Lifestyle

Expats: How to Financially Prepare for Repatriation and a Return Home

Whilst those who have yet to turn their plans into reality and realise their dream of escaping UK will no doubt find the concept of this article strange, there are still others out there who have already expatriated, who are already living abroad and who know that they will one day return home to the UK.

Whether you’re living abroad on a temporary assignment and the end of your contract is set and in sight, or you’re disillusioned with your new life abroad and are currently putting the planning in place to allow you to return home, as an expat you need to know how to financially prepare for repatriation and a return home effectively.

If you simply think you can get on a plane and arrive back in the UK and pick up where you left off, you may be sadly mistaken, because just in the last 12 months the UK has taken a turn for the worst, and if you’ve been gone even longer, you may find the British economic landscape unrecognisable!

The majority of those who leave the UK with the intention of making a new life for themselves abroad cut the majority of their ties with Britain.  What’s more, in order to fund a new life it is often necessary to sell up and settle up the old one first.  For many, this involves selling any British property assets.  Therefore, the first thing to consider if you are thinking about repatriating at any time in the future is accommodation.

The property market in the UK is in a poor condition at the moment as it’s suffering from the effects of what has been labelled the ‘credit crunch.’  In essence this amounts to the simple fact that banks have stopped lending!  Where there were 6,820 mortgage products on the market this time last year, there are now only 2,888 – and if you don’t have a massive deposit and/or require very low multiples of your salary to raise the mortgage amount you need, you’re unlikely to be looked upon favourably by a lender.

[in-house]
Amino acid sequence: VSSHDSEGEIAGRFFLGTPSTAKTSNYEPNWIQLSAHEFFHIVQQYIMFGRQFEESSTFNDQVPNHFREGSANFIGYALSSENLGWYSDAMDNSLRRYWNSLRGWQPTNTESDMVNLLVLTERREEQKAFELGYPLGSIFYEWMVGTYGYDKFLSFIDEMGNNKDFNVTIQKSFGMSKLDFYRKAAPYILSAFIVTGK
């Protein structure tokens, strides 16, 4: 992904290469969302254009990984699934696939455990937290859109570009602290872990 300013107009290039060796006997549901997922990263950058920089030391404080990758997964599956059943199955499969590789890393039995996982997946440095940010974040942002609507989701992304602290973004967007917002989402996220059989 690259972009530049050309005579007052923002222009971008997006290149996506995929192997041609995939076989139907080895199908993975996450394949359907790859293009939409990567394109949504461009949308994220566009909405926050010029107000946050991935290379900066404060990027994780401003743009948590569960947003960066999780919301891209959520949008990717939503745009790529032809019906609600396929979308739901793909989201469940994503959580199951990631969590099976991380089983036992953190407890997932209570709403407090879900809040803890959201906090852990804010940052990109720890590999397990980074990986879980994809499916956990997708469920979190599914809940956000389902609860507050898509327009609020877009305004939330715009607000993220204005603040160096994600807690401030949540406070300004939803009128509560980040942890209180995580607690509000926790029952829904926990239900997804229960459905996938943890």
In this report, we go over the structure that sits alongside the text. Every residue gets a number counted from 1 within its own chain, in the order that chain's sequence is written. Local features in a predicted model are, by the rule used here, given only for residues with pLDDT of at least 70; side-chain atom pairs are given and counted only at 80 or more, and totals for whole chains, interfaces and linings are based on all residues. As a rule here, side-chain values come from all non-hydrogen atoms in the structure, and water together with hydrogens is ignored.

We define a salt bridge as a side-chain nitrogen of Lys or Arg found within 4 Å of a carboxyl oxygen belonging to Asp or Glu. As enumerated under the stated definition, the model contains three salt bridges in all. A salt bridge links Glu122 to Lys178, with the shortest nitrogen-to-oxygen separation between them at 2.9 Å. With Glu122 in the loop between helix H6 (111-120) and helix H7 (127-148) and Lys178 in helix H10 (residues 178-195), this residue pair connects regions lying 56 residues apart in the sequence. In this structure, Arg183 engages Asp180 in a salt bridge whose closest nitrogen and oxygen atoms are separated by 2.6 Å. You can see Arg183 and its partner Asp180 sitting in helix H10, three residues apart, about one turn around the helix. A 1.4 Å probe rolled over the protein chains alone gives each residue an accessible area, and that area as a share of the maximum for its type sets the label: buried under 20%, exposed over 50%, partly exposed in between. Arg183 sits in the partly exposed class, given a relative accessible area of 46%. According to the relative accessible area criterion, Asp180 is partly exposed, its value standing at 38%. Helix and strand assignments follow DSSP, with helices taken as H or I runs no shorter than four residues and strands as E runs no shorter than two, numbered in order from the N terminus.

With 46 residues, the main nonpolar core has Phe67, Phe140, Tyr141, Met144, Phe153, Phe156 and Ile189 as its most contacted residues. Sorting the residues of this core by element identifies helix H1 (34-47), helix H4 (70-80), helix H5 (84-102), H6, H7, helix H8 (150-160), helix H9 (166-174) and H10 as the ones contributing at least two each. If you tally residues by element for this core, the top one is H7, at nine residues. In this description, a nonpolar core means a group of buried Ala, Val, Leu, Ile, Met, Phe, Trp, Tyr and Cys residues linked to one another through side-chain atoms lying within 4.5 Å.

For expatriates the situation is exacerbated, because often they do not have proof that British banks are comfortable with accepting of their previous income, and any lump sums that are being brought into the UK from a property sale abroad or from the coffers of an international bank account will be viewed with suspicion.  Therefore it makes sound financial sense for an expat to think about saving as much as they possibly can whilst abroad to put towards a property purchase as and when they return home.  And they will need proof of where these savings funds have come from.

Ideally you will have a 40% deposit for a property, and ideally you will have kept a banking presence in the UK whilst you were residing abroad.  If not, then expect to again be treated with maximum suspicion when you attempt to open an account upon your return.  For most people it makes sense to return to the UK and live in rental accommodation to re-establish a presence on the electoral role and to get bank accounts etc., in place well ahead of having to apply to a bank for anything like a mortgage or a credit card, a loan or car finance.

In the current economic climate it may make even more sense because house prices are falling – and the general consensus of opinion is that they have a long way to fall even now!  So instead of returning home and committing to a property purchase at a price that will immediately put you into negative equity the minute the ink is dry on the contract, why not consider placing your 40% deposit in a high interest earning account and renting whilst you re-establish yourself in the UK.

For personalised and professional financial advice it is always prudent to speak to an independent financial adviser and even to seek advice from your accountant.

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